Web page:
UFC on Fox 12 Results: Grades for Every Main Card Fighter
With the ghosts of Strikeforce still shuffling through the rafters, the UFC returned to the SAP Center (formerly known as the HP Pavilion) on Saturday night in an effort to fill the needs of Bay Area MMA fans.
Offering up an explosive main event that unsurprisingly delivered on its promise of entertainment, as well as a co-main event that might well have created a fresh contender for the light heavyweight title, the promotion's 12th show on Fox was mostly a success.
Here are the grades for those who entered the cage.
Speaking of the ghosts of Strikeforce...
Josh Thomson returned to the scene of many of his greatest wars on Saturday but was unable to provide another in his second showing on Fox in 2014. He was one-half of a bizarre, tepid pairing that was as much engaged in a footwork showcase as it was in a fight.
At the end of the bout, Thompson was deemed the loser, and it's hard to argue against that with any particular fervor. He posed as a counterattacker, and did so reasonably, but he did little to prove he outclassed his foe, Bobby Green, to the extent that the rankings suggested coming in.
Definitely nothing memorable for Thomson or his boosters in this one.
Green collected undeniably the most prominent scalp of his MMA career in San Jose, California, but he did so without any particular bombast. His win over Thomson was a focused and measured one, but not the type that will have people clamoring to see him again as soon as possible.
He was in and out for much of the bout, never in serious trouble even if he was touched up a few times by Thomson's counters. After 15 minutes, though, it was Thomson who looked like he'd been in a fight and Green who looked like he'd competed in headgear, so he must have done something right.
It's hard to envision Green will be in title contention after one major win, but you can bank on him getting another name opponent the next time he makes the walk to the Octagon.
Dennis Bermudez took the step that anyone with an interest in seeing new contenders wanted him to take, beating a game veteran in Clay Guida and making it look very, very easy. He was two steps ahead for the whole bout, routing Guida on the feet, outpacing him in the grappling and eventually finishing him with a choke.
There can be no doubt now that Bermudez, with his continued growth, grit and athleticism, has gone from prospect to contender—especially considering not only that he beat Guida, but how he did so as well. It was his seventh straight UFC win.
He should plunge deep into the top 10 after Saturday.
At a time when MMA's first true generation of fighter-athletes is starting to go by the wayside, the day may be coming where Guida is ushered toward the door as a member of that group.
His impact as a relevant contender is behind him, the fans don't pop for him the way they used to and he doesn't seem as prone to a wild brawl as he once was. Though it was over two years ago, his fight against Gray Maynard seemed to damage his reputation irreparably, and he's still working under that weight.
He's also perhaps a little rich for the blood of the UFC these days, who has released guys such as Jon Fitch and Jake Shields as much due to cost as to performance in recent months.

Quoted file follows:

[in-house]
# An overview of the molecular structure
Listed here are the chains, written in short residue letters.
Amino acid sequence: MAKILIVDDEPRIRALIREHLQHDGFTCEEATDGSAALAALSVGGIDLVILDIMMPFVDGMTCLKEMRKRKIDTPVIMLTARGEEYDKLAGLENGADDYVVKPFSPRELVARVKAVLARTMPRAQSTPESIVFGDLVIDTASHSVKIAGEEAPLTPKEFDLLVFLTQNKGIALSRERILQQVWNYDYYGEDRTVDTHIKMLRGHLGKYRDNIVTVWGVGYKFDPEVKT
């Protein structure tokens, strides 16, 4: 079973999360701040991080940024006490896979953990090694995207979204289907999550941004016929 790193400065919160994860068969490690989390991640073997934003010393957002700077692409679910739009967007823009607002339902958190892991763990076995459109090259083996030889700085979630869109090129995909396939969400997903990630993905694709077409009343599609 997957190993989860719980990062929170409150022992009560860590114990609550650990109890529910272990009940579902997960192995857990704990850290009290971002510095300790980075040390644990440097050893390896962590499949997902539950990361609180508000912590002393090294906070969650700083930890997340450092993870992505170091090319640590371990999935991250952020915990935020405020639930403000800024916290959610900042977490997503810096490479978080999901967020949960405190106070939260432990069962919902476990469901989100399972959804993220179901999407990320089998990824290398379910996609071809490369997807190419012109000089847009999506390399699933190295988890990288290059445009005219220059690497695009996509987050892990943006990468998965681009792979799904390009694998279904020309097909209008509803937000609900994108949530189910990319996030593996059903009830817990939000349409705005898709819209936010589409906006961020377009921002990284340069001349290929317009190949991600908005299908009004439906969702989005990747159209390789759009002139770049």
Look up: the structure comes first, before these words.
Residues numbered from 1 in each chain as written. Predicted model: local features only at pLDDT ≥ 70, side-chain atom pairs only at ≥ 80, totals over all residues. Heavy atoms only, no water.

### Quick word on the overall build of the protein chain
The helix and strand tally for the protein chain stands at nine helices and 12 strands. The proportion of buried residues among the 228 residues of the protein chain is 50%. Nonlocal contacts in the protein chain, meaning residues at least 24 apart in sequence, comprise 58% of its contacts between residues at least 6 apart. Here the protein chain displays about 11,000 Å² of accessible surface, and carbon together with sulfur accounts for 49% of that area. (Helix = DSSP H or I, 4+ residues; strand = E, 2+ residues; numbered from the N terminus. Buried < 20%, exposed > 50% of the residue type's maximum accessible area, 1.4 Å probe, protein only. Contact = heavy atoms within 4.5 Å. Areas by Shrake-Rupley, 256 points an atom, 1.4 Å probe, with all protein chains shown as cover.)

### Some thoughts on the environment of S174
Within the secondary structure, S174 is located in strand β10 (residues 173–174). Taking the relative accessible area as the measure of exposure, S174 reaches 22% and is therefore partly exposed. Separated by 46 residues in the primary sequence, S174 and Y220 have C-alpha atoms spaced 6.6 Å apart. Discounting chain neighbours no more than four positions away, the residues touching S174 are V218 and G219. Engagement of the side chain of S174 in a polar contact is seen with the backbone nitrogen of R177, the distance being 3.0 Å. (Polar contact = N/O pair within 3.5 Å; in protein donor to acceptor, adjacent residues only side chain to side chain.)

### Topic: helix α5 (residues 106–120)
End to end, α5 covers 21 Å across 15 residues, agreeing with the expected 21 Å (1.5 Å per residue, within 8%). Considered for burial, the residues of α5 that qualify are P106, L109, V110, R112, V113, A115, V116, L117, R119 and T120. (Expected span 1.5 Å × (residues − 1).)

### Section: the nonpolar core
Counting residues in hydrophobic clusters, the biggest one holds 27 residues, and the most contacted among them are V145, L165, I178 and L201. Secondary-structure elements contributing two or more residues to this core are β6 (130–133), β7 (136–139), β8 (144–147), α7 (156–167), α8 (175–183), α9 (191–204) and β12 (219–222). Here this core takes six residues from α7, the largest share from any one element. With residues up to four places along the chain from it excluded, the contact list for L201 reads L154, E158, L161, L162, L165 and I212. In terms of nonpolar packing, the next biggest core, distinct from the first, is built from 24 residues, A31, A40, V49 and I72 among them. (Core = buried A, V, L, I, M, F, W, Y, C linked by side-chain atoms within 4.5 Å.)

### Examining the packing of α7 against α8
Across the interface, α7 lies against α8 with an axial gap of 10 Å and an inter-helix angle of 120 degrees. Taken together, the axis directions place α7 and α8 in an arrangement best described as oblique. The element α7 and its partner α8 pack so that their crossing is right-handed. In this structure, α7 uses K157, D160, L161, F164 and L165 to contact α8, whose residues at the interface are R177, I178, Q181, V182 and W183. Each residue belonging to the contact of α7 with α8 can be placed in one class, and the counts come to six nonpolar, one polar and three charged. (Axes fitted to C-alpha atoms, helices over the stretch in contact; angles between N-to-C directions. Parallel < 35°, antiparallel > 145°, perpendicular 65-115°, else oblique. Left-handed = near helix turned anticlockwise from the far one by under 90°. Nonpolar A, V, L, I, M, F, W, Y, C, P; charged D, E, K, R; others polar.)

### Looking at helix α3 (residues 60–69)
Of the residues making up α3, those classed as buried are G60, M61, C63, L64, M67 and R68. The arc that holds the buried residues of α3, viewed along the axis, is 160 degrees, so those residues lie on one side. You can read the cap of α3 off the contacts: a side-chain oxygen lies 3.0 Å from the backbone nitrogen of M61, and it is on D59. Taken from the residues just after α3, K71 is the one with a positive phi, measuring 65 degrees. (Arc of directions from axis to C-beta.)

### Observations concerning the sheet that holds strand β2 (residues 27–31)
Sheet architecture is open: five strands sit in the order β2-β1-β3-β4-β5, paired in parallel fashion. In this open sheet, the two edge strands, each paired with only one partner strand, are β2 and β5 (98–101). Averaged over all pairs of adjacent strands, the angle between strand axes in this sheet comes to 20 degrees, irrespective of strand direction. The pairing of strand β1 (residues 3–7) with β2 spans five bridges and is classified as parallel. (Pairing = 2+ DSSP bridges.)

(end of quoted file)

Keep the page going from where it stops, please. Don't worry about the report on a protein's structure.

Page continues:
There's no telling where Guida goes from here, as he's UFC-caliber but has no clear path to anything noteworthy in the promotion. UFC on Fox 12 did almost nothing to influence that reality positively.
Mike Goldberg doesn't always get it perfect, but when he does, there's no denying it. Saturday night, he said more than he probably even realized: "[Anthony Johnson] might be the most destructive light heavyweight in the world."
After it took him less than a minute to demolish Antonio Rogerio Nogueira, who could argue? A couple of powerful uppercuts, and it was all over. It wasn't a fight; it was a beating.
It won't take many more wins like that before Johnson is knocking on the door of Jon Jones.
Antonio Rogerio Nogueira
If there was any doubt that you can't be pushing 40 and miss a year-and-a-half if you want to be a top contender in MMA, this proved it. Via MMA Fighting's Guilherme Cruz, Nogueira was making claims about being top-three in the division coming in despite not seeing cage time since early 2012 and had those claims proved baseless by getting rolled.
Injuries and age might simply be too much for the 38-year-old Brazilian to overcome at this stage, especially after this, likely the most horrendous loss of his career.
It's hard to knock someone as determined as Matt Brown, a man who has risen to the upper crust of the welterweight class on the strength of a win streak well past two years, but his unanimous-decision loss to Robbie Lawler proved he may have hit a ceiling.
For all his gameness and will, the end of the day sees him as a stellar talent with considerable tools to be applied to MMA but one who isn't likely to contend for a title. He's a lovable everyman with a great story, but being the best takes more than that.
Brown is far more likely to see thrilling brawls going forward than he is title eliminators, but there's nothing wrong with that. He's can't-miss television regardless of his opposition.
Lawler looked loose and comfortable in picking up a convincing decision over Brown, one that should set him up for a rematch with Johny Hendricks later in the year. He weathered the patented Brown storms when he had to and returned fire with some enthusiasm of his own, and by the time the night was over, he'd battered his man all over San Jose.
It was another expert showing from Lawler, who has matured and developed into the type of fighter whom every fan loves to watch, but one who can be appreciated for his intelligence and understanding of the stakes of his career.
The next time you see his hand raised, UFC President Dana White could be putting the belt around his waist.
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